MARDUK (Swe): “Dark Endless” Cd 1992 No Fashion

Naming the band after a Babylonian god and talking about blasphemy of the Judeo/Christian religion might sound a bit weird, but after all that’s the Morbid Angel way. The first thing that kicks ass in this album is the killer cover art by no one else than Dani Vala, guitarist and singer of the band I reviewed yesterday, Obscurity. Why this guy didn’t do more of these splendid works is beyond me. This painting is really “evil”, and grotesque.

Marduk - Dark EndlessSeveral of the best bands that turned into pure Black Metal in the nineties have common roots in the Death Metal scene (not that I think there is so much difference between the genres after all anyway). Marduk‘s first album “Dark Endless” has all the great elements of the classic Swedish Death Metal sound. Dan Swano did a good job at fiding the right sound for this recording – the obese trademark crushing sound of the Swedish axe permeates all songs, with a good balance of mid tempo, Bolt Thrower reminiscent riffs, hints of melodies in the vein of old Crematory, and even a sporadic use of keyboards a la Thou Shalt Suffer towards the end. While the album closes with an epic, elaborate and evocative guitarwork, the first songs, while generally faster, have their good share of sluggish, almost symphonic bridges. All of this has been obviously cooked with the classic Swedish receipt of sickness – none of this sounds mellow. My only regret is the vocals are a bit too raspy and high. I guess how killer this would have sounded with a real singer like Rogga of Merciless or a young Matti Karki. The main theme on this album could be misanthropy and obscurity, elements that were lost with time. I admit I like this stuff, but also their newer albums. This might not be an album that can be credited as legendary in the Death Metal world, but it’s a good compromise of Swedish Death Metal, crushing heaviness, misanthropy and a pinch of classic Scandinavian taste for dark melodies.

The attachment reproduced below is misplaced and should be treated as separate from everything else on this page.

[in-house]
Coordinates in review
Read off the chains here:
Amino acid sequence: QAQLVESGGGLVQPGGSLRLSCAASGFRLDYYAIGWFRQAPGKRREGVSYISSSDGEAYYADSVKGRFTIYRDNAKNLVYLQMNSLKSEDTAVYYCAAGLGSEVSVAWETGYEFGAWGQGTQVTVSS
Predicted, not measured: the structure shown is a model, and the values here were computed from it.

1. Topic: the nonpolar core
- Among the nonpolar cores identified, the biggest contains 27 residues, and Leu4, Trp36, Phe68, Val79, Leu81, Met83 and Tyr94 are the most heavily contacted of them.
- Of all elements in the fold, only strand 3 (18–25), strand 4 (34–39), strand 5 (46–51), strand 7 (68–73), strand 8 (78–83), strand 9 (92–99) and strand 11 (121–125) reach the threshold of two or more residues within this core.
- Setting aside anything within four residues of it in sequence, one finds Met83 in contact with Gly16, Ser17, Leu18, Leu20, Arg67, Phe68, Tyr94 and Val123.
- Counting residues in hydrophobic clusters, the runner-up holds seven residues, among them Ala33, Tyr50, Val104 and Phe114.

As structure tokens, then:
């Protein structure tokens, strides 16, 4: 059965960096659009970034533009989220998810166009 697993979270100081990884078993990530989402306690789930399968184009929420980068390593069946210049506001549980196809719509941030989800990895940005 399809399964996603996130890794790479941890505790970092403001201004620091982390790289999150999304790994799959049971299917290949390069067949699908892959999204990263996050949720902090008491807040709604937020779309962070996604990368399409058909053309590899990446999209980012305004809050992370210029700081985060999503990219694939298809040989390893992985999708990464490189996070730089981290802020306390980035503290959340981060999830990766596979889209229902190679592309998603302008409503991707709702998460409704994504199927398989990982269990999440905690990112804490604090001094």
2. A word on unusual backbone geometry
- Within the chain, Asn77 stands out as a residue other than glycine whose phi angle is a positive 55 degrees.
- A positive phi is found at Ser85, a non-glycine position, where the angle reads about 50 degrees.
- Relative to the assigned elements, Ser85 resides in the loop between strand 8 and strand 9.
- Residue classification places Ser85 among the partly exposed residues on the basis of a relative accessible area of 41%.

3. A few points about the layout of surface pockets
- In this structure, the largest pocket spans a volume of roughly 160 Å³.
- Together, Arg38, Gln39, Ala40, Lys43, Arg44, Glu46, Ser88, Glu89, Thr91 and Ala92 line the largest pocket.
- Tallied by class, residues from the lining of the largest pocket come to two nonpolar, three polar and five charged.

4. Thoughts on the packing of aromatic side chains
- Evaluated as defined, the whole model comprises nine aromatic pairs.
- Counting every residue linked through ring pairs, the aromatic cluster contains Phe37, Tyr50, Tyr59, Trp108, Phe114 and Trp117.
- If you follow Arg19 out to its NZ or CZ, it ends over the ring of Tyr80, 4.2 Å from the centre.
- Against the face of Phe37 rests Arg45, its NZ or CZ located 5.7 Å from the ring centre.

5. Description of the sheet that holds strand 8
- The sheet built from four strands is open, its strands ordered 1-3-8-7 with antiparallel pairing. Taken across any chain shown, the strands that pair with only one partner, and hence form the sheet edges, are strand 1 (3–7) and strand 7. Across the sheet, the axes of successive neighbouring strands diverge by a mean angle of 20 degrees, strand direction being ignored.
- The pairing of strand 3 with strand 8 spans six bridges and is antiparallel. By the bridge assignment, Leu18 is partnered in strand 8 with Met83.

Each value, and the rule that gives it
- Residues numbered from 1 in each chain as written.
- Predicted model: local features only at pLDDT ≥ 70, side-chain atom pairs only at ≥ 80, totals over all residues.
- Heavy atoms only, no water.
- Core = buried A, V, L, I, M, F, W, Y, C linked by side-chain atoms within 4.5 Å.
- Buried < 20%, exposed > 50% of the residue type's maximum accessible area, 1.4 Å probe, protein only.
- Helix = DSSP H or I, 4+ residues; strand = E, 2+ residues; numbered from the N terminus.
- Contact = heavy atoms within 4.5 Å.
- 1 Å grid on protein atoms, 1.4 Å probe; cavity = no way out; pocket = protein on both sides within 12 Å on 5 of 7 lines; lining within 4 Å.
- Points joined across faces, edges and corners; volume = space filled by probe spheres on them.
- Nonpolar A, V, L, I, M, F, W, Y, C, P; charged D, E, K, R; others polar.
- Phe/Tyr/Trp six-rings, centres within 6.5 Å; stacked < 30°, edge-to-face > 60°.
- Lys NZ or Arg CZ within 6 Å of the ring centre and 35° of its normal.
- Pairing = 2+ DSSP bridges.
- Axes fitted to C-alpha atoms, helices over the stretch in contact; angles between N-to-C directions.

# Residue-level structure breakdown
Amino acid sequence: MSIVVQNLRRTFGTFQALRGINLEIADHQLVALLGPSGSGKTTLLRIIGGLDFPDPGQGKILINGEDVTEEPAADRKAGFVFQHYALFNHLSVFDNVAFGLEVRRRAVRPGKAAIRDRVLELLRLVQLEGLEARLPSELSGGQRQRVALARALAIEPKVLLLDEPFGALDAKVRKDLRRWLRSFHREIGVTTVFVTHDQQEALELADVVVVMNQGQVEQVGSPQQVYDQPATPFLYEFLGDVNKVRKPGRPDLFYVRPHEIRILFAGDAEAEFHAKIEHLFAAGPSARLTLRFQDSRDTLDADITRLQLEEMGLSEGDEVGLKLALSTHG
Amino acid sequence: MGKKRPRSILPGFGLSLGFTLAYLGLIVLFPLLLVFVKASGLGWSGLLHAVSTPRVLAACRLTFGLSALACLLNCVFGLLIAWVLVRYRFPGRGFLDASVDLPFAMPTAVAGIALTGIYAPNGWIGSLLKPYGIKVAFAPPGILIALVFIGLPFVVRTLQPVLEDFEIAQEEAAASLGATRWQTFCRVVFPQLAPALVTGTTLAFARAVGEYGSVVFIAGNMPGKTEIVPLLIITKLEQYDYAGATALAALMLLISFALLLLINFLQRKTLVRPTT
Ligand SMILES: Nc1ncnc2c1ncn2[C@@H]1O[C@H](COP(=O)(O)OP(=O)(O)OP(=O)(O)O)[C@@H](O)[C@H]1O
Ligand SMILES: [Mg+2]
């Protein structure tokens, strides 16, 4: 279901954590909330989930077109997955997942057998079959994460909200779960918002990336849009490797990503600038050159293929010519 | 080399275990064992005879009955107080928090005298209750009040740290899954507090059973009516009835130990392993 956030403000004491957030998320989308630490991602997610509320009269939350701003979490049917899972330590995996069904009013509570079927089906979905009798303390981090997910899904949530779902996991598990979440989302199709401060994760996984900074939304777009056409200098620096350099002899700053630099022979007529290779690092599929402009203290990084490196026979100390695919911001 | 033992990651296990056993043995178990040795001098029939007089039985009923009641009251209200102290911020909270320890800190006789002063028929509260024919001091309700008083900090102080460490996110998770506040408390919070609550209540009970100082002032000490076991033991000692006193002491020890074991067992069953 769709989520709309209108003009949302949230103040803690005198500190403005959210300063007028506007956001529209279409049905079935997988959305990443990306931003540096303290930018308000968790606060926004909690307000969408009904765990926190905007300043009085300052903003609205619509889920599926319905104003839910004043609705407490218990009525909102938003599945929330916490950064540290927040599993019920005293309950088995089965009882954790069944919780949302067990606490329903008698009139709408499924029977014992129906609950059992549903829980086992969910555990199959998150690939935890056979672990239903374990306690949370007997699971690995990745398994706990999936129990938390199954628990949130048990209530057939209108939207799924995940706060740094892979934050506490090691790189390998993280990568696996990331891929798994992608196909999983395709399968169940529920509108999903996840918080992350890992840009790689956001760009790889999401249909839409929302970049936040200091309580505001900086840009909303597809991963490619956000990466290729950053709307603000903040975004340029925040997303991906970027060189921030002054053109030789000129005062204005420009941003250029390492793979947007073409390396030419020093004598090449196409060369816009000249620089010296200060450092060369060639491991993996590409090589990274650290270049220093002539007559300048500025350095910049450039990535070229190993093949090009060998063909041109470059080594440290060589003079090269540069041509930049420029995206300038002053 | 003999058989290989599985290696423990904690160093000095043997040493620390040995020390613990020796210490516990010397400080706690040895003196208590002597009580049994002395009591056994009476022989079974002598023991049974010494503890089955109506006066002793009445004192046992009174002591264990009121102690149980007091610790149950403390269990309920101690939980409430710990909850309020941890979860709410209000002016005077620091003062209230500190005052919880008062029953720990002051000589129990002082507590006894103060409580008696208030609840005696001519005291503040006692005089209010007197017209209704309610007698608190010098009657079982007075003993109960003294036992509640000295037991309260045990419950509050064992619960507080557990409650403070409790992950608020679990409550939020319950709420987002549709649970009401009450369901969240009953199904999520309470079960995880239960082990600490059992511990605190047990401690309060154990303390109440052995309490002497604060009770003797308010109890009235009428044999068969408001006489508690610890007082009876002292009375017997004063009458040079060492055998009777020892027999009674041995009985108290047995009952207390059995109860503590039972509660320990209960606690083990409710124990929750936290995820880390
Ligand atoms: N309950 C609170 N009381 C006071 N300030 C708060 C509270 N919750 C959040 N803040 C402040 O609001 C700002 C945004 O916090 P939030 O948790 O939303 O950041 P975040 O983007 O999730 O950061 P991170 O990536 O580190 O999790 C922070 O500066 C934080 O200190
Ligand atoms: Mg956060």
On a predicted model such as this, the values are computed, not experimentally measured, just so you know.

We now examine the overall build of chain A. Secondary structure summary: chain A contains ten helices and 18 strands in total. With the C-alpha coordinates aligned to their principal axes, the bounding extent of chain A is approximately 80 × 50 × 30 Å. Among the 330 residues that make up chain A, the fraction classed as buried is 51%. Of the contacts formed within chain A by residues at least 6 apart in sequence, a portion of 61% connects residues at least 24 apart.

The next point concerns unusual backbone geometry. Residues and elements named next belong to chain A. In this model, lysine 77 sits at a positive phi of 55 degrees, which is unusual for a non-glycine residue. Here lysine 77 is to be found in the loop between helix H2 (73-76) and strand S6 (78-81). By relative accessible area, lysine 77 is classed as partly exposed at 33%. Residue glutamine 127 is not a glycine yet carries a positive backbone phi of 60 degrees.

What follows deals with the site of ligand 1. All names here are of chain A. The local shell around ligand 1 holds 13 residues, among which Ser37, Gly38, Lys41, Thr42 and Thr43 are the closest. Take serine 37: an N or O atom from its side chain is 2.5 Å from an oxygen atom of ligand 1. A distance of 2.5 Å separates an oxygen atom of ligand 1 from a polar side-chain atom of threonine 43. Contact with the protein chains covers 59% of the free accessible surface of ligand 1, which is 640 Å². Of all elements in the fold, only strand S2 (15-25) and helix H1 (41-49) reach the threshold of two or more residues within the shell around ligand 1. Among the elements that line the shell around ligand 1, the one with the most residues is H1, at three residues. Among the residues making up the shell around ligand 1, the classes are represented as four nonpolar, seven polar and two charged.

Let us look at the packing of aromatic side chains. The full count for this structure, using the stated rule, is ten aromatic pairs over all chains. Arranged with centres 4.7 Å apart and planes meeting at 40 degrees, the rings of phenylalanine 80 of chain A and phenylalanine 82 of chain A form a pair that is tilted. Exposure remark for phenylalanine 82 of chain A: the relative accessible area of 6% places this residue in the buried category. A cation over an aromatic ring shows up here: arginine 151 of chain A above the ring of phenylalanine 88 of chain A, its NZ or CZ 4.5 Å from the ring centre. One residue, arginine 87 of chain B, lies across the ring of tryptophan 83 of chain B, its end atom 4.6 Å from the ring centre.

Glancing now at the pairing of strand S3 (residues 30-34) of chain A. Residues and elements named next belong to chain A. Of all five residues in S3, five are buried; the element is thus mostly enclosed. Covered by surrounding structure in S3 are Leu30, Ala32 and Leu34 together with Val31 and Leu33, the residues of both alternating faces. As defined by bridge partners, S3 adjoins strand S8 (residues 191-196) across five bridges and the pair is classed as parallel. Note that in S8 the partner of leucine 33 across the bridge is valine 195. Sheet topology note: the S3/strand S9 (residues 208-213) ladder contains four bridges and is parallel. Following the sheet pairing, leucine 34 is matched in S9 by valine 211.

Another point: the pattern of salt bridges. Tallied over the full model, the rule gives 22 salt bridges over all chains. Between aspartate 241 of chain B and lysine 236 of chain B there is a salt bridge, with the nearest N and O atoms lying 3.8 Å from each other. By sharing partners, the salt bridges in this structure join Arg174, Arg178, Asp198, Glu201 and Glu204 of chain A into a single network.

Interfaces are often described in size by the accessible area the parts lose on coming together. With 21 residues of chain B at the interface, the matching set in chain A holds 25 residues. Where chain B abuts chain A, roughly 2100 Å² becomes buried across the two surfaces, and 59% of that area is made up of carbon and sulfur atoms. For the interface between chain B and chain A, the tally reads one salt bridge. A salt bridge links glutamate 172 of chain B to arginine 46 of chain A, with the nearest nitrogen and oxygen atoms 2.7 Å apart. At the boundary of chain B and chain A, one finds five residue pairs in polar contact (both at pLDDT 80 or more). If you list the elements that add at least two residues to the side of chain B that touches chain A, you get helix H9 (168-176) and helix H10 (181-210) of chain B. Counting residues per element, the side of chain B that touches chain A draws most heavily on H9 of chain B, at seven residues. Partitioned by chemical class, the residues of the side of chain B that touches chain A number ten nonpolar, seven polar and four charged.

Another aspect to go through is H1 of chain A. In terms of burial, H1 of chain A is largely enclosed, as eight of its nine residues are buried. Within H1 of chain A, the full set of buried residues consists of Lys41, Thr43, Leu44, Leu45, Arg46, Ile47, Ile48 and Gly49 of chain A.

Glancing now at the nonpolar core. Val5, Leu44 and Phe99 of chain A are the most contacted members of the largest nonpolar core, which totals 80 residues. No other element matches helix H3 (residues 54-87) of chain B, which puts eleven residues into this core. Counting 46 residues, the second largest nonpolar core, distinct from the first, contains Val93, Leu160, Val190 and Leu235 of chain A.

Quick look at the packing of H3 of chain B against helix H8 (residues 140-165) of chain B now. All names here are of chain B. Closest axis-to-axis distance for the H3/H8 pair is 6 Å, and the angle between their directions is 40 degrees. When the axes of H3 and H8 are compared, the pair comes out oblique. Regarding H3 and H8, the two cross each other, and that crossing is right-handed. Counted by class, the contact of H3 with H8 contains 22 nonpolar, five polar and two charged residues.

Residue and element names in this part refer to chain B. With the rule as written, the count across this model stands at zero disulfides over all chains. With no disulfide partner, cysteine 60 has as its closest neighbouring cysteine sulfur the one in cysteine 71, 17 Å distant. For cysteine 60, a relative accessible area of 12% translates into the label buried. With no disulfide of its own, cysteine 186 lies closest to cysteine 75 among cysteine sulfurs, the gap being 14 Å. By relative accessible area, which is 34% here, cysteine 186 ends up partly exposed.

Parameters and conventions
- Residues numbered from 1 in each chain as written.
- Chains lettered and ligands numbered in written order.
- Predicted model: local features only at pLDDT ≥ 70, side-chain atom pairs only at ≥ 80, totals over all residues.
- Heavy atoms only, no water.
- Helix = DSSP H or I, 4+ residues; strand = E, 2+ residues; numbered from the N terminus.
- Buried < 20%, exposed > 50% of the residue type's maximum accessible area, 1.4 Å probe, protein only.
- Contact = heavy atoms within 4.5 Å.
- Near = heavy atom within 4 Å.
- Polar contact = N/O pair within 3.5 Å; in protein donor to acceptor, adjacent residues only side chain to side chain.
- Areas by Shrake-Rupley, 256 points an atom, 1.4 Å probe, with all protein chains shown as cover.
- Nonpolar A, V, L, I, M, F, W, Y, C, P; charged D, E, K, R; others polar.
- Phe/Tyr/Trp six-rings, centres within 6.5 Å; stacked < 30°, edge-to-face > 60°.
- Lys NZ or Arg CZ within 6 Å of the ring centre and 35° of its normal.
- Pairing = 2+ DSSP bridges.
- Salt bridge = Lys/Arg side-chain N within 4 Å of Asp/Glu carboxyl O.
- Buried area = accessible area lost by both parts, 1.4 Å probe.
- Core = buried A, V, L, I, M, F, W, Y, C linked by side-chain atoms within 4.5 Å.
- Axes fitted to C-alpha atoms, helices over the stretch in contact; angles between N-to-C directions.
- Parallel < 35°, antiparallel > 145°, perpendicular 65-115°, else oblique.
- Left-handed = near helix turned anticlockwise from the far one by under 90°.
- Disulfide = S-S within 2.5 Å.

My copy, on No Fashion, has no lyrics on it, but I guess the new version has a better booklet. For sure the titles themselves follow the music perfectly: they are all about departure, funerals, damnation…

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